Smith, Ngawati win Auckland marathon (+video, photos)

By Edward Gay

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Christchurch runner Matt Smith has won the Auckland marathon, crossing the finish line with a time of 2h 20m 41s.

The first woman home was Ady Ngawati of Whangarei at 2h 49m 05s.

Smith was followed across the finish line by Tauranga's Ben Ruthe (2h 23m 11s) and Auckland's Joe Piggin (2h 27m 43s).

More than 11,000 people this morning took part in four events over varying distances, including the 42 kilometre marathon, or the slightly less gruelling half or quarter marathon, or five kilometre family walk.

Smith said the support from runners helped him over the line.

"I had a good battle with Ben and soon after the turn around with 10kms to go, I was aware that I was pulling away, so I kind of ran really hard then for 3kms and got a good lead," said Smith.

He said he was not worried about the time but just trying to win.

"I felt pretty strong. Ben followed me all the way but there's a long way to go in a Marathon, there's plenty of time to get away from someone," Smith said.

He said the course was tough with poor weather and hills.

Smith, from England, now living in Christchurch, was fifth in last year's Dublin marathon in 2h 14m 41s.

Ruthe, a former New Zealand 1500m and 5000m track champion, debuted over the marathon distance in July in the Gold Coast event in Queensland where he finished a notable second in 2h 20m 45s.

At the recent New Zealand road relay championships, Ruthe ran 14 seconds quicker than Smith on the 10.8km leg.

Women's winner Ady Ngawati won a personal best and came from behind to win.

"It was a really good run, just chasing her down," Ngawati said.

The triathlete ran a 2h 55m race about four weeks ago and was pleased with her time today.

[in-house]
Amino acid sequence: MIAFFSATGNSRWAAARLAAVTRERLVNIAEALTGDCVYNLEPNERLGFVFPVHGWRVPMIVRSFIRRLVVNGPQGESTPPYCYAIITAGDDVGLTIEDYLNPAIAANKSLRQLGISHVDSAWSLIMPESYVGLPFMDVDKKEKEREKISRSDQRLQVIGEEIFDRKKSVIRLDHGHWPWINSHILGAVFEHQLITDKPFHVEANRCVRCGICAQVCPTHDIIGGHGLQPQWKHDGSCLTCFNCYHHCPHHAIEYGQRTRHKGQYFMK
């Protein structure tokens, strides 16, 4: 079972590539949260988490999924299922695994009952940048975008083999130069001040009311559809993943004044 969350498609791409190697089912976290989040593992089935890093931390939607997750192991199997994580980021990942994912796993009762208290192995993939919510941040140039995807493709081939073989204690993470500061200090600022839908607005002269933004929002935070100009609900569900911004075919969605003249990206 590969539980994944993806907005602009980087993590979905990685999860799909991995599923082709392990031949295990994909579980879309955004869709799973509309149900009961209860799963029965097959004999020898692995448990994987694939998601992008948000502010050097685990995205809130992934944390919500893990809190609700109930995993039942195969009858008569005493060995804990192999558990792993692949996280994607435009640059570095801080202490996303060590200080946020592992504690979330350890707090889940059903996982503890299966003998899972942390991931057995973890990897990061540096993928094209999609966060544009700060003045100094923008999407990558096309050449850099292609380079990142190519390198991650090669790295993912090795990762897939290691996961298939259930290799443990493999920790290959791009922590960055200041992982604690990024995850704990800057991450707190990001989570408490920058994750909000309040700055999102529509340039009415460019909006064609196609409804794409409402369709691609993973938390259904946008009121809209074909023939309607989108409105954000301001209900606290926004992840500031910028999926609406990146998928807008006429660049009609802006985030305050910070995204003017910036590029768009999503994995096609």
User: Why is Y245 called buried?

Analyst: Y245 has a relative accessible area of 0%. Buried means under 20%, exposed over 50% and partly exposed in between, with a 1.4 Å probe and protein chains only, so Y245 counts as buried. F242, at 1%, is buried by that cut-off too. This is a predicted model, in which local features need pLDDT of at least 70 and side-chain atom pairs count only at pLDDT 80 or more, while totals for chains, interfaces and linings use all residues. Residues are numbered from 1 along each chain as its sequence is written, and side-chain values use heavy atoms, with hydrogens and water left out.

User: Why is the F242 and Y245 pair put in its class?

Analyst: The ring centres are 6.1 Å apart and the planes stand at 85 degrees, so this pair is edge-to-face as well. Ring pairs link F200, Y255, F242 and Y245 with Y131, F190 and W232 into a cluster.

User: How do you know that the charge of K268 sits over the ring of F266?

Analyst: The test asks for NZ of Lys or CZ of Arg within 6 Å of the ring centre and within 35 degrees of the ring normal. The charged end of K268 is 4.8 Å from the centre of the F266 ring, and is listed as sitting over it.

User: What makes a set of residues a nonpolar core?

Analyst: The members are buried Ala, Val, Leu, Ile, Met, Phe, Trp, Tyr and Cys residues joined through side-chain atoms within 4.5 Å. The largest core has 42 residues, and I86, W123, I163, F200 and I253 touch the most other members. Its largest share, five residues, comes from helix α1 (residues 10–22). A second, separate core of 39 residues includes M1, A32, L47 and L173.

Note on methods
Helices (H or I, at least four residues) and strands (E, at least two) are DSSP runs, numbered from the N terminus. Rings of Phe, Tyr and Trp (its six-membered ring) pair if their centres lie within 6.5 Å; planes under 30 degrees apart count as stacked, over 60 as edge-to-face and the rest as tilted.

She said a marathon was easy compared to a triathlon.

New Zealand marathon great Alison Roe said Ngawati had great conditions to run in with the cloud cover and cool rain.

"It's a good solid sort of time for a New Zealand event," Roe said.

She said it was great to see so many people out in support and the level of participation was also healthy.

Olympic marathon runner Lorraine Moller said it was not fair to concentrate on the time as it was more about beating the opposition.

"A win is a win and she pulled off a win," Moller said.

St John Ambulance special events manager Charlotte Guscott said the first aid medics on the sideline saw between 50 and 60 patients - about half of what they saw last year.

"One of the factors was the weather, it was a lot cooler," she said.

Three people were transported to hospital with an electrolyte imbalance.

"Basically it means they've overdone it," Ms Guscott said.

She said the man at the drinks station told her that a lot more water had been drunk this year.

Ms Guscott said after completing a marathon, people needed to take it easy.

"Rehydrate is the number one thing," she said.

Ms Moller also had some advice.

"Have a good meal and put your feet up. Treat yourself to something for such a good effort and then dance all night," she said.

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